Monkees

teletail

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Ah, The Monkees were fun and a lot of the music has held up well—even with critics. I was in the 6th and 7th grades when the tv series first aired and remember enjoying it every week. But I watched a few episodes a couple of years ago and I taken aback by how completely terrible and unfunny I found the show some 50 years on. At least I still got a smile from the opening montage and theme song!
+1

I was a fan in the day, but the last couple of times I tried to watch them I only got about 5 minutes in before I turned them off. Still like some of the music though!
 

Brad Pittiful

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I like that argument but the Surpremes didn't imply that they played instruments. We were led to believe or assume that the Monkey's always played the instruments in their recordings.

For me, it really doesn't matter. I like some Monkey's songs and it doesn't matter to me how the music was made. However, it was interesting to read here about the discrepancies between facts and rumors.

didnt matter to me either...the beach boys didnt record all their music which i think is a bigger deal than the monkees
 

boris bubbanov

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We didn't have a TV after 1962, but it was my drummer Jim who had the Tijuana Brass record collection, not me.

I was definitely in the target age to be a Monkees fan, but I'd been listening to The Kinks and The Who and The Animals (among others) and saw the Monkees as ridiculous and fake. They tell me Paul Revere and the Raiders were on TV often but I just bought the records, never saw the silly show antics. But I wasn't gonna make that mistake twice, I told myself.

But I was wrong about the Monkees, or at least about Mickey and Peter. Peter was good enough to be in one of the other, genuine bands I think and Dolenz has a genuine pop/rock voice that had what it took to make hits AND was on par with many of the other drummers of the time.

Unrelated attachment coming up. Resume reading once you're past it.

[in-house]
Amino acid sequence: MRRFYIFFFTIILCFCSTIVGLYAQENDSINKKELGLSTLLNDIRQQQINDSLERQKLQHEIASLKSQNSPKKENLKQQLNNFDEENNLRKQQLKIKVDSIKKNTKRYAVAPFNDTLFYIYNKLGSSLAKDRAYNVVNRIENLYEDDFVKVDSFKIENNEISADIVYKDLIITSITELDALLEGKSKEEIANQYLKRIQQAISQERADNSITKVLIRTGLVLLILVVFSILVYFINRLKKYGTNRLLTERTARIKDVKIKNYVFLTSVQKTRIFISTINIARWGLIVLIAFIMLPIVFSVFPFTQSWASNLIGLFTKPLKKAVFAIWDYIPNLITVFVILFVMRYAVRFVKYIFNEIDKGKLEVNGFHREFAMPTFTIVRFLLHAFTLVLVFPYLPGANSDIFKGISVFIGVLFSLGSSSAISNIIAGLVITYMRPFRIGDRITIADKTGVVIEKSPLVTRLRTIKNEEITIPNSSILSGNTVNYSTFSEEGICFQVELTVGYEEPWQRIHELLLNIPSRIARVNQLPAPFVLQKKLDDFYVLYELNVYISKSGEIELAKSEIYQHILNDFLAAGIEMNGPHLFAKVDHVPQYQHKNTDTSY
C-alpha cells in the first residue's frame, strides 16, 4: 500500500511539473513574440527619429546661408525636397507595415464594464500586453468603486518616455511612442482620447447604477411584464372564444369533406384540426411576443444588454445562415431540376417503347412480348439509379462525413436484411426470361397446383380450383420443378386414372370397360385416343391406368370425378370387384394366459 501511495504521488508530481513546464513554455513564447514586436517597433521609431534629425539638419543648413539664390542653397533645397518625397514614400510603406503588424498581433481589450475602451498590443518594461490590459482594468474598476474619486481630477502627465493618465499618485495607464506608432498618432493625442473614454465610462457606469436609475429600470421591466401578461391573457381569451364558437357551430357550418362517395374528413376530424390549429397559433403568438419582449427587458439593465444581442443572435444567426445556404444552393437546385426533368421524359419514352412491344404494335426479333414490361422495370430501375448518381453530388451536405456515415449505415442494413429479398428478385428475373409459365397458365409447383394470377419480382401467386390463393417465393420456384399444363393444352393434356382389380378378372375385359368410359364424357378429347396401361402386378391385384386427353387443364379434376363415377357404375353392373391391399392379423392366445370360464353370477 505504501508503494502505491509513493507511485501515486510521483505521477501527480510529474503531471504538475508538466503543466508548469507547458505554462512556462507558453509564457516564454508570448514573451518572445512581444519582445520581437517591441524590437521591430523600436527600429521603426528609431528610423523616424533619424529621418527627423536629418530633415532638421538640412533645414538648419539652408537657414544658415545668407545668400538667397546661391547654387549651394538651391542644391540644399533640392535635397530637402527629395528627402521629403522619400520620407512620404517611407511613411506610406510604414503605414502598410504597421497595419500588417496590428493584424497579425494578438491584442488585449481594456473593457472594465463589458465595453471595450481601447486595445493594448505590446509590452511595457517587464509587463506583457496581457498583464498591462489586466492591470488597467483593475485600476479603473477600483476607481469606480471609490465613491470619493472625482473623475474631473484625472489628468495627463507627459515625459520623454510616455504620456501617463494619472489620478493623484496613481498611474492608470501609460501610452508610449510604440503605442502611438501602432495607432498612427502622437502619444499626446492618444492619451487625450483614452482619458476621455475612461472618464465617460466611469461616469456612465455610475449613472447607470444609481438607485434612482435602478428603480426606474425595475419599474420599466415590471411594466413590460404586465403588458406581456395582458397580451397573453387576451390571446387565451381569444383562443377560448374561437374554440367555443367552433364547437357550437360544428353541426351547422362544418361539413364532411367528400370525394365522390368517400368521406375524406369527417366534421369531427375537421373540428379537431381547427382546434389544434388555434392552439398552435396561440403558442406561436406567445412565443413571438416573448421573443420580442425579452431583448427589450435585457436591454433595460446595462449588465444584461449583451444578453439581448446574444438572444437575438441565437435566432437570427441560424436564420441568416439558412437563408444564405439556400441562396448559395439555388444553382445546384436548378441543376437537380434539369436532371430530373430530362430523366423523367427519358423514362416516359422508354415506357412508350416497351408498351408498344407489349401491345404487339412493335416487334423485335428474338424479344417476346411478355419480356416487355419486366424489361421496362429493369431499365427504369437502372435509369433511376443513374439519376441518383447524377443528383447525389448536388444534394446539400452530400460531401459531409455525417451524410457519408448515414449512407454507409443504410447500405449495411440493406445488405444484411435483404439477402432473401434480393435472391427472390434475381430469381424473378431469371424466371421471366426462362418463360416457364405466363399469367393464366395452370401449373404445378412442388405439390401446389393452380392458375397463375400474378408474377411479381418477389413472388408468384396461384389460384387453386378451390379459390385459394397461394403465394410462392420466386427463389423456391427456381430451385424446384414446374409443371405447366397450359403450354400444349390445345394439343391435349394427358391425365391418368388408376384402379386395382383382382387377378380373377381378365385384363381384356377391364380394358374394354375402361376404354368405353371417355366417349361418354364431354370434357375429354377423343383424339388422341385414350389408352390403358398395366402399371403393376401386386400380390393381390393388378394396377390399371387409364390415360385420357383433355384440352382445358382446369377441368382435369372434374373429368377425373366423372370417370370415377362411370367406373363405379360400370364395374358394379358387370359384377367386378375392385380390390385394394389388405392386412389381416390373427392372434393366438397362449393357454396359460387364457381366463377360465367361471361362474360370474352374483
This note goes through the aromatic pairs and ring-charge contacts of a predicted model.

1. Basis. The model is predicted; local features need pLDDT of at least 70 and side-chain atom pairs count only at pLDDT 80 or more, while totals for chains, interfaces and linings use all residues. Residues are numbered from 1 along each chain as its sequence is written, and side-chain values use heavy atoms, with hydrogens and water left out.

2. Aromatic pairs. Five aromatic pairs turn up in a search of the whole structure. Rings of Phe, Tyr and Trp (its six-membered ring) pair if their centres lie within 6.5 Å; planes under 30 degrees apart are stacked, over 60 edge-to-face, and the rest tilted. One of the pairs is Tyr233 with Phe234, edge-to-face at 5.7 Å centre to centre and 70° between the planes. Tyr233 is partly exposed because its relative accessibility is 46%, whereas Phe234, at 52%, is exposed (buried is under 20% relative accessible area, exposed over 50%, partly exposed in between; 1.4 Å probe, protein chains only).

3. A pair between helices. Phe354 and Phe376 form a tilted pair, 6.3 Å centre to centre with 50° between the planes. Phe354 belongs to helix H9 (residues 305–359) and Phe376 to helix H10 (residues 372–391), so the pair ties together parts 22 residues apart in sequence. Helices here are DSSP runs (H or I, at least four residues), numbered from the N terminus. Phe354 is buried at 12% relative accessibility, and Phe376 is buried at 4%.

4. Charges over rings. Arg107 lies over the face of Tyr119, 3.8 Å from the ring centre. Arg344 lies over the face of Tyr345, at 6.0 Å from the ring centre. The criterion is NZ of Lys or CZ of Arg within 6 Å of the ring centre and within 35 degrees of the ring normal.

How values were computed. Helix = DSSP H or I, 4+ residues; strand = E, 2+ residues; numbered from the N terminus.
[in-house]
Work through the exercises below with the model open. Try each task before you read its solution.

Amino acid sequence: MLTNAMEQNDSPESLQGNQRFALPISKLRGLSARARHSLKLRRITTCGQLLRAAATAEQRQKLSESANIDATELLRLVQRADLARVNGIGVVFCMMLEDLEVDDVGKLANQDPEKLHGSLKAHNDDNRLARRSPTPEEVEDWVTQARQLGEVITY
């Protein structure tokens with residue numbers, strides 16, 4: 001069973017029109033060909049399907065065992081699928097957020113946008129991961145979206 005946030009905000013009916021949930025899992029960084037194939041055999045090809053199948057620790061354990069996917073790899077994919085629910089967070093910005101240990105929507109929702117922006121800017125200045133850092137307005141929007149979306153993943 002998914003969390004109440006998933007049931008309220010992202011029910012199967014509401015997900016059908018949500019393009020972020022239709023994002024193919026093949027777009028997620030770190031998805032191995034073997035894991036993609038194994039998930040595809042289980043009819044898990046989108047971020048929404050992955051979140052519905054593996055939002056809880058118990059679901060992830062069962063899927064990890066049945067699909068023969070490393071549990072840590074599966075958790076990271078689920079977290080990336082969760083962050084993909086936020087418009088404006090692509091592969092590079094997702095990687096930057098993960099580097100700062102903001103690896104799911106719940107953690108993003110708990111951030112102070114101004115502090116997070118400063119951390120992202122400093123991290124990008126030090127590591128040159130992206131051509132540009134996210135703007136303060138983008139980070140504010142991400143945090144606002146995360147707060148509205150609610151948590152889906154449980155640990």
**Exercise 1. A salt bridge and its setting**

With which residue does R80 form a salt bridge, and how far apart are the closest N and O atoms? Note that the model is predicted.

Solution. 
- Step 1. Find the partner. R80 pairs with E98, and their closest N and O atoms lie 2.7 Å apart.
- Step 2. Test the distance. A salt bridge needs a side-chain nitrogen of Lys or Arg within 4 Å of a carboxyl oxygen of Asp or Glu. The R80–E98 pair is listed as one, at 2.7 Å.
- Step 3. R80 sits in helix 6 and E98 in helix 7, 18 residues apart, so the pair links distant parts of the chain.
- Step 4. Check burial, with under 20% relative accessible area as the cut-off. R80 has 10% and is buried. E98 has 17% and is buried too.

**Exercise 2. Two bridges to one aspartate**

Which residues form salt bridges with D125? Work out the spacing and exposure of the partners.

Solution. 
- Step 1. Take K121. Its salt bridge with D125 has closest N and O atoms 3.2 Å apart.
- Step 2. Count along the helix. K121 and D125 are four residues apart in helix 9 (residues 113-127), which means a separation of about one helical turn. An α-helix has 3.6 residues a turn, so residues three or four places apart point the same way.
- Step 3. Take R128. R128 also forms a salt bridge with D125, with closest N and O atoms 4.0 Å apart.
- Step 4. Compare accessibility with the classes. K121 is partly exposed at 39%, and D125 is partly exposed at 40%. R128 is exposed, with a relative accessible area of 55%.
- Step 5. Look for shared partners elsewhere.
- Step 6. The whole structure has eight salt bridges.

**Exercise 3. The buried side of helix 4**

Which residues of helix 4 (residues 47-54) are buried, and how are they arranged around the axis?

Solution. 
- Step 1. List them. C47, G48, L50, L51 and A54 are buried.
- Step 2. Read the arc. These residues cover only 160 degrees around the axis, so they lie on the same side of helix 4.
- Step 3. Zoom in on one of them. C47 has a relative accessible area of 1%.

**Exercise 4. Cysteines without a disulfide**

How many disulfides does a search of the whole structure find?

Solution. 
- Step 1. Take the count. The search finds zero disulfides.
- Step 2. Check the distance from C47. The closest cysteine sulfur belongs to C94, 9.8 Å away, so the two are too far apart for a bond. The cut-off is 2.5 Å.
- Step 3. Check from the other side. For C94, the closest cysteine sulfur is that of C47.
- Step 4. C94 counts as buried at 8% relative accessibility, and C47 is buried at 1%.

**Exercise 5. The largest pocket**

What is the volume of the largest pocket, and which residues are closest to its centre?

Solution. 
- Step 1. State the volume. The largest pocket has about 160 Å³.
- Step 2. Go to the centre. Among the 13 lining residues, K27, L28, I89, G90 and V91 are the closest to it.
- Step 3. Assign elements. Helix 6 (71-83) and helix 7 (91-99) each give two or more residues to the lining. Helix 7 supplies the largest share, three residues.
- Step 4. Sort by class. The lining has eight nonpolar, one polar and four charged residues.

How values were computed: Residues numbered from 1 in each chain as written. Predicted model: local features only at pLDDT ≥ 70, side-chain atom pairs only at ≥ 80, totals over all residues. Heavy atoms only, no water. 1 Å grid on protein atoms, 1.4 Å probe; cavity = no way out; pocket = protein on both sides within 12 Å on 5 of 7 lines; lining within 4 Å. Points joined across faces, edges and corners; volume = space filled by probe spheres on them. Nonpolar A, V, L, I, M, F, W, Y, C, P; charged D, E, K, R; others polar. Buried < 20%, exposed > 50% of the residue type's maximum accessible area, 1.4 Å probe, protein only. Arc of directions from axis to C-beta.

So, a bad product, made with at least some quality ingredients. I apologize for all the appalling things I used to say about the Monkees when my classmates were all star crossed by them.
 

boris bubbanov

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didnt matter to me either...the beach boys didnt record all their music which i think is a bigger deal than the monkees

Brad, your posts are always excellent --- but not this one.

Carl, Al and Dennis were perfectly capable of recording on any of the hits before Pet Sounds. Their touring schedule just didn't permit it AND a lot of money could be saved by substituting The Wrecking Crew. And this is wholly different IMO from many of these Monkees hits. Last Train to Clarksville? Nobody in the band could play the guitar part and Valerie, the same thing and so many more. Meanwhile, the Wilson brothers and Al Jardine went out and played all the parts, time after time after time and did so while singing close harmony and also leads. For this reason, your comparison of the two is way off the target.
 

Brad Pittiful

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Brad, your posts are always excellent --- but not this one.

Carl, Al and Dennis were perfectly capable of recording on any of the hits before Pet Sounds. Their touring schedule just didn't permit it AND a lot of money could be saved by substituting The Wrecking Crew. And this is wholly different IMO from many of these Monkees hits. Last Train to Clarksville? Nobody in the band could play the guitar part and Valerie, the same thing and so many more. Meanwhile, the Wilson brothers and Al Jardine went out and played all the parts, time after time after time and did so while singing close harmony and also leads. For this reason, your comparison of the two is way off the target.

hey thanks :)

i didnt mean to imply that the wrecking crew did all of the beach boys recordings...just meant they had it done too which would surprise people
 

Frodebro

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didnt matter to me either...the beach boys didnt record all their music which i think is a bigger deal than the monkees

By the time the Wrecking Crew got involved Brian had decided that he would rather stay in the studio and work on new material while the others toured. A side benefit to this arrangement was that the Wrecking Crew had the chops to bring his ideas to life in ways that The Beach Boys themselves could not, outside of the vocals.